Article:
October 06, 2012

Lessons from the short story 'After a Shadow' -TS Arthur

I just finished reading this short story by TS Arthur ‘After a Shadow’. And something in it hit me, real hard! You see, even though the story is somewhat subtle, it is yet profound in addressing this thing we have inside of us all. The self-deluded,that we are, into thinking we are smart enough and we can do everything for ourselves, we do not need a supreme power to have any kind of authority over our lives.

Anyhow, the story commences by portraying a scene on a bright June morning involving a little boy and his parents. So what happens in the scene is, the boy Arty runs after his shadow, confused, as to what it was that didn’t seem to leave his company. The boy was terribly scared with this fact and asked his father to look at it. The father obviously laughed it away and told his baby boy that it was only his shadow and it was nothing significant, everyone had a shadow and it was a commonplace.

The father, Mr. Mayflower then narrates that the ‘shadow lesson’ was soon forgotten by the time he reached the store, and thought entered business with its usual ardour. One of his clerks, then, comes to him and tells him of a Mr. B, who wants to make a bill of a thousand dollars. And even this interruption disturbs Mr. Mayflower and he thinks to himself ‘what were a new customer and a bill of a thousand dollars to me at that moment of time? I saw tens of thousands in prospective!’

Now, let’s stop here for a bit. What do we get from this attitude of Mr. Mayflower? We get nothing better than an arrogant little trader whose destruction was to come sooner rather than later or to say it was just around the corner. Wait a little to see how Allah destroys people who are so full of themselves.So as Mr. B… didn’t have much success with Mr. Mayflower he turns to another company for sending off his goods. Mr. Mayflower’s clerk informs him about it and he arrogantly says let him have whatever he wants and that he should not mind if any other company sells their service to him. Later that day, Mr. Mayflower asks one of his clerks whether the goods were sold to that new customer from Arton. The clerk replied in the affirmative. Then Mr. Mayflower asks about the amount of bill that was made by the customer. To his amazement and shock, the clerk replies – ‘Seventeen hundred dollars!’ To this, Mr. Mayflower, distraught, says to his clerk that he thought the customer was to buy only to the amount of a thousand dollars. The clerk says, ‘you went so easy on him that I encouraged him to buy; and the bill ran up more heavily than I was aware until the footing gave exact figures.’ After all this drama, the father, Mr. Mayflower keeps on reprimanding himself to the fact that he didn’t learn the lesson from his son, in the morning. He then goes,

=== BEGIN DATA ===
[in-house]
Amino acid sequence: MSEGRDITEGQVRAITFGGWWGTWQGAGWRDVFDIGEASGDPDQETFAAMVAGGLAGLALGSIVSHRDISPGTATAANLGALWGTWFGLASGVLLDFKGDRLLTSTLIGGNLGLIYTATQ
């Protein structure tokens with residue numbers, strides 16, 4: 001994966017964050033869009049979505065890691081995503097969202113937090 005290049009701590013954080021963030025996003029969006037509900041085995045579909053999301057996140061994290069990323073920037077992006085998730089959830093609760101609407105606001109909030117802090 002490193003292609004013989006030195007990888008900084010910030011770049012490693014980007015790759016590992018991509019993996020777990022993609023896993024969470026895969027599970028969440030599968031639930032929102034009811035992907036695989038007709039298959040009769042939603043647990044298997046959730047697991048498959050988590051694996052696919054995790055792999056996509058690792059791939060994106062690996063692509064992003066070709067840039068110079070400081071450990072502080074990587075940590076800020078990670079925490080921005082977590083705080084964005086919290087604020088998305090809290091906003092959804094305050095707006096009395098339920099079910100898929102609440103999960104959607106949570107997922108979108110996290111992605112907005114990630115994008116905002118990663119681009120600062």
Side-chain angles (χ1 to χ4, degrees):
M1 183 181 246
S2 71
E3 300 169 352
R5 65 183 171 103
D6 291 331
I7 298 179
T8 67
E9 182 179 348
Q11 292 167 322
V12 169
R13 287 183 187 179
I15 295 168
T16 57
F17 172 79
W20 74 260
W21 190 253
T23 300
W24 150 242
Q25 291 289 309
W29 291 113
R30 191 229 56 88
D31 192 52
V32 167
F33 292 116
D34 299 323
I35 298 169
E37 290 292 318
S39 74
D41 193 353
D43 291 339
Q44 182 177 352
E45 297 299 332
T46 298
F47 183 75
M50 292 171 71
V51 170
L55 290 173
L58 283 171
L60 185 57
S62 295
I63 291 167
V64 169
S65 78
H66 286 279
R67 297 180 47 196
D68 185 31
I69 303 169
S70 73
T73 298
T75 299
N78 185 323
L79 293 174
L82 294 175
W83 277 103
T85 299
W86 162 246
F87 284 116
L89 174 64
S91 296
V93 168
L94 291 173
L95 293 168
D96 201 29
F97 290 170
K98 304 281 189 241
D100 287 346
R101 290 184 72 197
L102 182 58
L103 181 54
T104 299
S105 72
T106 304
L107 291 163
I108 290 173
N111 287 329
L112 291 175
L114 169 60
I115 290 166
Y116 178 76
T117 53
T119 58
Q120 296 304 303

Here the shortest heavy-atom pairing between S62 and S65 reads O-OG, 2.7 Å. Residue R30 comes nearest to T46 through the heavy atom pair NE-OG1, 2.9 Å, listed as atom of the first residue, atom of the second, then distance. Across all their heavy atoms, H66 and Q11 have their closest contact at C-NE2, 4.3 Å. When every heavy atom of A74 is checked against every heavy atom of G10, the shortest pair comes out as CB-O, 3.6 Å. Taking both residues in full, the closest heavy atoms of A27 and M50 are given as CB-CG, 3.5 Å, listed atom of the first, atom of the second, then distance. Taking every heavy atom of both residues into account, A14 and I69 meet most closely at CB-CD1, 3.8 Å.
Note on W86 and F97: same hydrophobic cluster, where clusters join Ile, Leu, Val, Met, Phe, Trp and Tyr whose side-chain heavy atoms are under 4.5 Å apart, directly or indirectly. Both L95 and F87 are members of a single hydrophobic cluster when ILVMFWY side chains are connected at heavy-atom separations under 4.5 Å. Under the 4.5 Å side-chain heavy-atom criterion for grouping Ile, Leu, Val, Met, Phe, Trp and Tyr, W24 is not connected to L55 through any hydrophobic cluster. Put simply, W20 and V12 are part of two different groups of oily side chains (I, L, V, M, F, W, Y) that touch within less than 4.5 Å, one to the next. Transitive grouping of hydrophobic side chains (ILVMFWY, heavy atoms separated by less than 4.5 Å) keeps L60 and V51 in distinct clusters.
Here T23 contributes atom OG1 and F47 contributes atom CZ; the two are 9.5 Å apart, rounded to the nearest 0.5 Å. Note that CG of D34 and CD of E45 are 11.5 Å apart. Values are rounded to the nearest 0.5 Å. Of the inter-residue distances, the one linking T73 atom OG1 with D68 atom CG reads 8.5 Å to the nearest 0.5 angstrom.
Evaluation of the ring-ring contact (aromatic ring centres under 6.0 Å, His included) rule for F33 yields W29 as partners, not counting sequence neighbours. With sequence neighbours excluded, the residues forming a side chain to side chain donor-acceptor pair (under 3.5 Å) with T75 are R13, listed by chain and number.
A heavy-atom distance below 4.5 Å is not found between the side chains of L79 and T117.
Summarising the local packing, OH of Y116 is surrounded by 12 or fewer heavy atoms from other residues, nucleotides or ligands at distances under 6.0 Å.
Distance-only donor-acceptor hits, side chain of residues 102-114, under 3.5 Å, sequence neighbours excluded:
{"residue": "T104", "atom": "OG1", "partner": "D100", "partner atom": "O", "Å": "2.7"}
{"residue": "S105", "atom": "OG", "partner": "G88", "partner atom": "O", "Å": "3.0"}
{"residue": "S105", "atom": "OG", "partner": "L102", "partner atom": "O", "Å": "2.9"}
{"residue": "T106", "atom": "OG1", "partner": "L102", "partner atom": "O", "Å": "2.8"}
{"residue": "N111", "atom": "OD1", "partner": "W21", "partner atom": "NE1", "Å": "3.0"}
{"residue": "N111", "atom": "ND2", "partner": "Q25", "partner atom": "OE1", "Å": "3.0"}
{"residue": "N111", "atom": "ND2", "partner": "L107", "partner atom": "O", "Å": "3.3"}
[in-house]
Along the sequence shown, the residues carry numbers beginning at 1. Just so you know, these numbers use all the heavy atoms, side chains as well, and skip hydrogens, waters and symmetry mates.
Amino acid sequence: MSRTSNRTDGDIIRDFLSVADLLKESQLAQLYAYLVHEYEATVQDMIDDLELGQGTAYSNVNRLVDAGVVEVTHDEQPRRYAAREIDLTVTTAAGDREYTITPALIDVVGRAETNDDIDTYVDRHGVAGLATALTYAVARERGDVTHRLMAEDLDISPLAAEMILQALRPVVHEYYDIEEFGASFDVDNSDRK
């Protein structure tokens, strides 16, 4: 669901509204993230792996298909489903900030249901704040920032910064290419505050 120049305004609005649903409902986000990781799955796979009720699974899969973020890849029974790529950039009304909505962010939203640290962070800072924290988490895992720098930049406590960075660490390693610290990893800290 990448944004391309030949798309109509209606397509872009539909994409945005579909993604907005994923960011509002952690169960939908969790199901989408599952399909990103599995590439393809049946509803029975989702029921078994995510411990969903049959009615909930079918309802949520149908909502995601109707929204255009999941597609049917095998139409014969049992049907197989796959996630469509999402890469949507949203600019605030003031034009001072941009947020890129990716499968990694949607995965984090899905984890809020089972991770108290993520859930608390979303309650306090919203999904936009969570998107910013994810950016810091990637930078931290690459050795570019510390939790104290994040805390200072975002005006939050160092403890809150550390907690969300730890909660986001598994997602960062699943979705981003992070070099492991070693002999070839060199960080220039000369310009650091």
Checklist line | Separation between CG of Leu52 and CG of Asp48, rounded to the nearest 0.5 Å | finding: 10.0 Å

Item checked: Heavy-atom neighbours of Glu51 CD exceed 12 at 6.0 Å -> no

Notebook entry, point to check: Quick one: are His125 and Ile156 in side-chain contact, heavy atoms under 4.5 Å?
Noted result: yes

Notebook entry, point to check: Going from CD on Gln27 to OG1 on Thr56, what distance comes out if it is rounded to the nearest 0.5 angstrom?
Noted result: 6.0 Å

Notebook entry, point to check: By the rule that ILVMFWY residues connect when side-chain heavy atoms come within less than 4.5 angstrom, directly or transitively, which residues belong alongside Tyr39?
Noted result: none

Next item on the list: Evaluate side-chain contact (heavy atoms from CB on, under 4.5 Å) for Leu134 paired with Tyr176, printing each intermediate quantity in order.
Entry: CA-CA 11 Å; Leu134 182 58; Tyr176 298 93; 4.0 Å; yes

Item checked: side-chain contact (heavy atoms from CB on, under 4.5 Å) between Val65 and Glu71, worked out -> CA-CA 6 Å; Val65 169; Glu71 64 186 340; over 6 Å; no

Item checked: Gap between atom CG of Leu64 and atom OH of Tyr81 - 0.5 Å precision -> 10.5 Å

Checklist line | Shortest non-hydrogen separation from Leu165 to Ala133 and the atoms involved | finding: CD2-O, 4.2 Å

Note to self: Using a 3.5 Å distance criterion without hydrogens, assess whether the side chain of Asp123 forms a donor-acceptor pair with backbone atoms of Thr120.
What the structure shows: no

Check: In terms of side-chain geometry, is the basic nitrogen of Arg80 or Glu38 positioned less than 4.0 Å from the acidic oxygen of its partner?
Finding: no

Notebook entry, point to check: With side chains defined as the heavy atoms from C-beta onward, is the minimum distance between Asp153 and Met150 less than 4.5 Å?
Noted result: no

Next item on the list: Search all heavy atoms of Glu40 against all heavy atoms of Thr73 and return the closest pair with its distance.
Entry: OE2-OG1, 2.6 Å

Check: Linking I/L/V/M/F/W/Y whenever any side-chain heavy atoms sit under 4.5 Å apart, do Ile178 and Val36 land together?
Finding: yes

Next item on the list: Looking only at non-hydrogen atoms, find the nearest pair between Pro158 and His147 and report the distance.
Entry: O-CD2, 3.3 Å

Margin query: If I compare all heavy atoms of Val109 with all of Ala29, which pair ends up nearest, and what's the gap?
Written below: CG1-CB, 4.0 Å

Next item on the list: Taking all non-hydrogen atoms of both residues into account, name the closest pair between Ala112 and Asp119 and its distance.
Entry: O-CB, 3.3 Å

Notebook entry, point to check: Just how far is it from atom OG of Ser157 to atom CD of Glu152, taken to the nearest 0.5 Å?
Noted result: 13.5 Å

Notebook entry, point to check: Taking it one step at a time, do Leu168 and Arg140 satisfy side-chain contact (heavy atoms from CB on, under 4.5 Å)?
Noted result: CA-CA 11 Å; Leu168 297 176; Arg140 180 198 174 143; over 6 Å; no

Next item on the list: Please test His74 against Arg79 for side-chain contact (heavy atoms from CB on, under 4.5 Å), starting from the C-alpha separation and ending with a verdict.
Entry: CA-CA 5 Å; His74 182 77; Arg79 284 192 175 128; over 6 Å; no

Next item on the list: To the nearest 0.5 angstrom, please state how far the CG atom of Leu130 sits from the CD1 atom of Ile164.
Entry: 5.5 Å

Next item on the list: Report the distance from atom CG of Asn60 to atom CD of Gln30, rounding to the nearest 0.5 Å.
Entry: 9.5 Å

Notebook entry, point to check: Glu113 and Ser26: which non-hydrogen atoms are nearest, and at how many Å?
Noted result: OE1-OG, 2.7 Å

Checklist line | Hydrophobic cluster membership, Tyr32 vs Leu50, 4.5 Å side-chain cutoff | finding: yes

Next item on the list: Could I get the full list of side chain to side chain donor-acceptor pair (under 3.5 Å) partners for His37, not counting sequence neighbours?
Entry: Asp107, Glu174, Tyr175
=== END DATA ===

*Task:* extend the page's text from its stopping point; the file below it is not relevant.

I grow philosophic sometimes. Thought will, now and then, take up a passing incident, and extract the moral. But how little the wiser are we for moralizing! we look into the mirror of truth, and see ourselves--then turn away, and forget what manner of men we are. Better for us if it were not so; if we remembered the image that held our vision
I suppose, I should stop here and let you do the thinking. For value judgment, I reckon, is an individual thing. Every person is different and perceives things in a unique way. So, if you could provide me with your own interpretation of the story, please do!

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